The Strategy of the Fur Industry


Why do so many people still - and again! - buy fur? Don't they know about the atrocities?

Well... The sad answer is this: The fur industry is ingenious in manipulating the unsuspecting customers, systematicly infusing them with desinformation and building false fronts.


In overriding the conscience of their customers, the fur industry pursues two seemingly contradictory routes.

Fur - the Exquisite

On the one hand, the fur industry suggests that beauty, elegance and elitism emanate from fur. "Wearing fur makes you special" - that's the message. The potential customer is made believe that by wearing fur, she distinguishes herself from the profane and is enabled to indulge in the luxury of the exceptional.

When fur is thus explicitly promoted as such, the customer's conscience is furthermore assuaged by asserting that fur is an ecological material. The fur industry pretends that pelts are taken from animals that need to be "regulated" or "managed" anyway. Hence, buying fur allegedly furthers ecological wellbeing. This is nonsense, of course, but it greatly helps to maintain the assertion of literal and symbolic warmth, harmony and patronage associated to wearing fur fashion.

Arctic Fox

Fur fashion thus advertised usually is very expensive, ranging from exquisite fur coats to jackets with opulent fur collars to luxurious blankets, scarfs intricately woven from fur straps, bags, earrings... and further lovely looking accessoiry.

This strategy is easy to see through and can be straightforwardly tackeled by anti-fur activists. All you have to do is clear up with the lies and educate those people who deliberately look for buying fur.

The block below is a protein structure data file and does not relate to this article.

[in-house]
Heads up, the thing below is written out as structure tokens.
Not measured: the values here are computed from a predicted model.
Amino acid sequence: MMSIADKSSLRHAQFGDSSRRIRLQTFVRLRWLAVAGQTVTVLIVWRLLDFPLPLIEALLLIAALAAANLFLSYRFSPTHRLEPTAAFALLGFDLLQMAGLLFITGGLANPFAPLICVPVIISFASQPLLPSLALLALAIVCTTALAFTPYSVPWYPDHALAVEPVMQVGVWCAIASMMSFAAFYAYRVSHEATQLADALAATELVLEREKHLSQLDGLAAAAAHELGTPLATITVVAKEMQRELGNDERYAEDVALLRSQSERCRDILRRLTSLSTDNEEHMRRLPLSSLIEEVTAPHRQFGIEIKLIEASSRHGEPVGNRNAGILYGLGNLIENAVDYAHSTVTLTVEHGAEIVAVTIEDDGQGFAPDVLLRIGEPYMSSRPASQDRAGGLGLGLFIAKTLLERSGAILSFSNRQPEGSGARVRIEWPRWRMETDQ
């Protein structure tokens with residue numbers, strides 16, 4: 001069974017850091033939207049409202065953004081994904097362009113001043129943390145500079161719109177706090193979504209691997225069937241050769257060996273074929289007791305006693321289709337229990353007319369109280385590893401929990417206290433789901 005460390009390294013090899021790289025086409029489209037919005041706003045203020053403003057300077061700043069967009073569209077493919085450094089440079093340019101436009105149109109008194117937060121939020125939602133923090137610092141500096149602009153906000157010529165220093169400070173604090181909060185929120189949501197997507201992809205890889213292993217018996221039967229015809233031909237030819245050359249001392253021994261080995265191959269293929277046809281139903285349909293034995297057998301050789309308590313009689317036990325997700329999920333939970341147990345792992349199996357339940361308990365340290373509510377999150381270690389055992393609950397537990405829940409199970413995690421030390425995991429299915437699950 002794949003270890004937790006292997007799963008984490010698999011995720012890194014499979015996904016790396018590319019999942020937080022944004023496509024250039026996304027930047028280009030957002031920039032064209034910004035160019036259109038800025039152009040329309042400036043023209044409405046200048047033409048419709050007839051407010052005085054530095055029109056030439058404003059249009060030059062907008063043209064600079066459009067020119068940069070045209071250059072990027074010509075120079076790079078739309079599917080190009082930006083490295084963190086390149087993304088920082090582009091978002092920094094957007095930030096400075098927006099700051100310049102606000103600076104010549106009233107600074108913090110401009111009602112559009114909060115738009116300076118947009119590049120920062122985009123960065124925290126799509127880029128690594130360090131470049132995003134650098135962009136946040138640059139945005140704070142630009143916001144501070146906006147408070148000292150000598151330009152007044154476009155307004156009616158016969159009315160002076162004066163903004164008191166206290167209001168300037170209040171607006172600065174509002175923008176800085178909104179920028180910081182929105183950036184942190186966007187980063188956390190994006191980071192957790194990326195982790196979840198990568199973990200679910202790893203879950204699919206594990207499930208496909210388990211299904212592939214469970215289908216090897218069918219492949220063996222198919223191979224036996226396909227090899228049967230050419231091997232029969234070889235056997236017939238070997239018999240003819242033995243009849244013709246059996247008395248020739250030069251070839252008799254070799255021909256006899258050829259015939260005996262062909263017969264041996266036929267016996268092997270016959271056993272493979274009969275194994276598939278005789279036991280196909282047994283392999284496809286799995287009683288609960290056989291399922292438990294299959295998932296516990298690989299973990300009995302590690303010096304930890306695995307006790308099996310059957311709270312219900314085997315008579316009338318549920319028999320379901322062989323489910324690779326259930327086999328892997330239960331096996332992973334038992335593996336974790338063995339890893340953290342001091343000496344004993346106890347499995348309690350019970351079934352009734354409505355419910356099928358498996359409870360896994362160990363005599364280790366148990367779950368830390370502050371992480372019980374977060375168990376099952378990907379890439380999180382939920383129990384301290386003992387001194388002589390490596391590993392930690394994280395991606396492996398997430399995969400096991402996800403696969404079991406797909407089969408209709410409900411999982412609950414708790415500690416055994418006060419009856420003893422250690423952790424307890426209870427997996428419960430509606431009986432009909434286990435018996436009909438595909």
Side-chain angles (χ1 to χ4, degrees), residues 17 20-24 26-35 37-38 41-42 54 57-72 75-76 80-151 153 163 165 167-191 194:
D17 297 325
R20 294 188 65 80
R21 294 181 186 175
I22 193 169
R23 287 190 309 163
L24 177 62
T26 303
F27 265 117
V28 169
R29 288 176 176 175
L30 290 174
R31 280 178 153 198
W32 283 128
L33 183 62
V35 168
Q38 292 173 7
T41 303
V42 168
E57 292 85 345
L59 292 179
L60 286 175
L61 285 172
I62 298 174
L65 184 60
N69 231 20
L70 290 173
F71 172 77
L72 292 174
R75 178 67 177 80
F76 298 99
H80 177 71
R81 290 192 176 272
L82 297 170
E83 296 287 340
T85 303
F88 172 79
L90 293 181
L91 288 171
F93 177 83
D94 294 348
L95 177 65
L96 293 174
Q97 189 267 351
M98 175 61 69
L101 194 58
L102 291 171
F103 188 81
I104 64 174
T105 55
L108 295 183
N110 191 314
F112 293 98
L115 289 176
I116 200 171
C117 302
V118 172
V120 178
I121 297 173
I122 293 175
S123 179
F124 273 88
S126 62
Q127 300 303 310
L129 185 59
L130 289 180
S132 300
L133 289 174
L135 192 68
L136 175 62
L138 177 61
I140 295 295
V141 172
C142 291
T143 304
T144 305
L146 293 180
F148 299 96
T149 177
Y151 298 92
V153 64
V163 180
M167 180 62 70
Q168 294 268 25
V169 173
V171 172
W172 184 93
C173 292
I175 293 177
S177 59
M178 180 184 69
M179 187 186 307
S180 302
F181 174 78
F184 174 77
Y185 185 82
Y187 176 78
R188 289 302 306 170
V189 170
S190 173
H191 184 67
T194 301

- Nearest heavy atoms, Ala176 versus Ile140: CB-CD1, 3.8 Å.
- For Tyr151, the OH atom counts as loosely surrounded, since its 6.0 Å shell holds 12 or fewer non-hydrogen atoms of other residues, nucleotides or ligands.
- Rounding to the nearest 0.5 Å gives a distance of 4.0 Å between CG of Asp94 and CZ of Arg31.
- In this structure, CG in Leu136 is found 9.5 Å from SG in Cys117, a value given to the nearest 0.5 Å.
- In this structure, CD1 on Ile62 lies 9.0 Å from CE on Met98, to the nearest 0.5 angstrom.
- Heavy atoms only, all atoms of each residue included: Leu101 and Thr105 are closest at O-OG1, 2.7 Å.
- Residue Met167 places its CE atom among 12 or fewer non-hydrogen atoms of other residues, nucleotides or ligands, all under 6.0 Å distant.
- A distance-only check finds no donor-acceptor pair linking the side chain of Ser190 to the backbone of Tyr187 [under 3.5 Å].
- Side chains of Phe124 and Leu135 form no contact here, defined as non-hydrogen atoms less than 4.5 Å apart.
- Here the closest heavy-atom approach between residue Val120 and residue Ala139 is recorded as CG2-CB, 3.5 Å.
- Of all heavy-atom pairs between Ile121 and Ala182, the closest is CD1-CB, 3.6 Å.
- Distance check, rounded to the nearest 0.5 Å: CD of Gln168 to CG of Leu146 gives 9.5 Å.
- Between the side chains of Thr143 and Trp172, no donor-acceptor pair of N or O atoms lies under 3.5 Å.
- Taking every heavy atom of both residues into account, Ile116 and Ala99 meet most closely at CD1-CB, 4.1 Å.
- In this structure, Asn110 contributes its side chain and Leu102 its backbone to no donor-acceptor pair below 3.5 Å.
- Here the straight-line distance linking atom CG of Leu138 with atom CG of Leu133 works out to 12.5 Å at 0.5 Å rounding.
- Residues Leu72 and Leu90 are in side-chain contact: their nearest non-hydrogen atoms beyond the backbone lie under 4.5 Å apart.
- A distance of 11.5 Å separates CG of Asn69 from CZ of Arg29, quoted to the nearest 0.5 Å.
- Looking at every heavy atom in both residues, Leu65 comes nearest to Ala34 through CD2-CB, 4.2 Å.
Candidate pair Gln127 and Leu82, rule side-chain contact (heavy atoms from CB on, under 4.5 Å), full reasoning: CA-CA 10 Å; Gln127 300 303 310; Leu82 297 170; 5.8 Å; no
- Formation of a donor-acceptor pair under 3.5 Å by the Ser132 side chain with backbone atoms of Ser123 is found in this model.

Fur - the Norm

On the other hand, in recent years, the fur industry embarked on a much more subtle and much more dangerous strategy. They try to market fur fashion as mass products to ignorant walk-in customers.


Jacke mit Pelzkragen

Retailers following this strategy do not promote fur as fur, but plant inconspicious fur trimmings on unsuspecting shoppers. They offer fur as the fancy "ice on the cake", as decorative collars, stocking-caps or scarfs, as lining in shoes, vests or a pompon at the smartphone bag. Thus, they tacitly introduce fur as an ever-day material, something everyone has - and hence: accepts.

This stategy builds on psychological and sociological research. If you inadvertently happen to wear fur, you are likely to consent to wearing it again deliberately. Also, with fashion magazines abounding with models and starlets happily and all naturally wearing the items that are readily available for purchase in stores - a forceful fashion trend is set. What Miley Cyrus wears is "in", isn't it?

Fur fashion promoded through this strategy is cheap. Stunningly cheap. Sometimes, it is even not labelled as real fur and many shoppers unsuspectingly think that something as cheap can't seriously be real fur. Thus billions and billions of fur items are sold and the profits of the fur industry skyroket. This strategy is very difficult to tackle by anti-fur activists. It is simply impossible to educate all its potential victims. As most of them are not explicitly aiming at buying fur, they are fully unaware of the danger and oftentimes don't realize it until it is too late.

Fuchs in Mülltonne  (c) PeTA

These are the fur industrie's routes to success: financial gain on the expense of the animals and their credulous customers. None of them could not support the dire truth behind fur fasion, but they are duped into believing it's alright.

This is why they need you. Help spreading the word about that truth and prevent your friends and family from making a purchase they'll regret.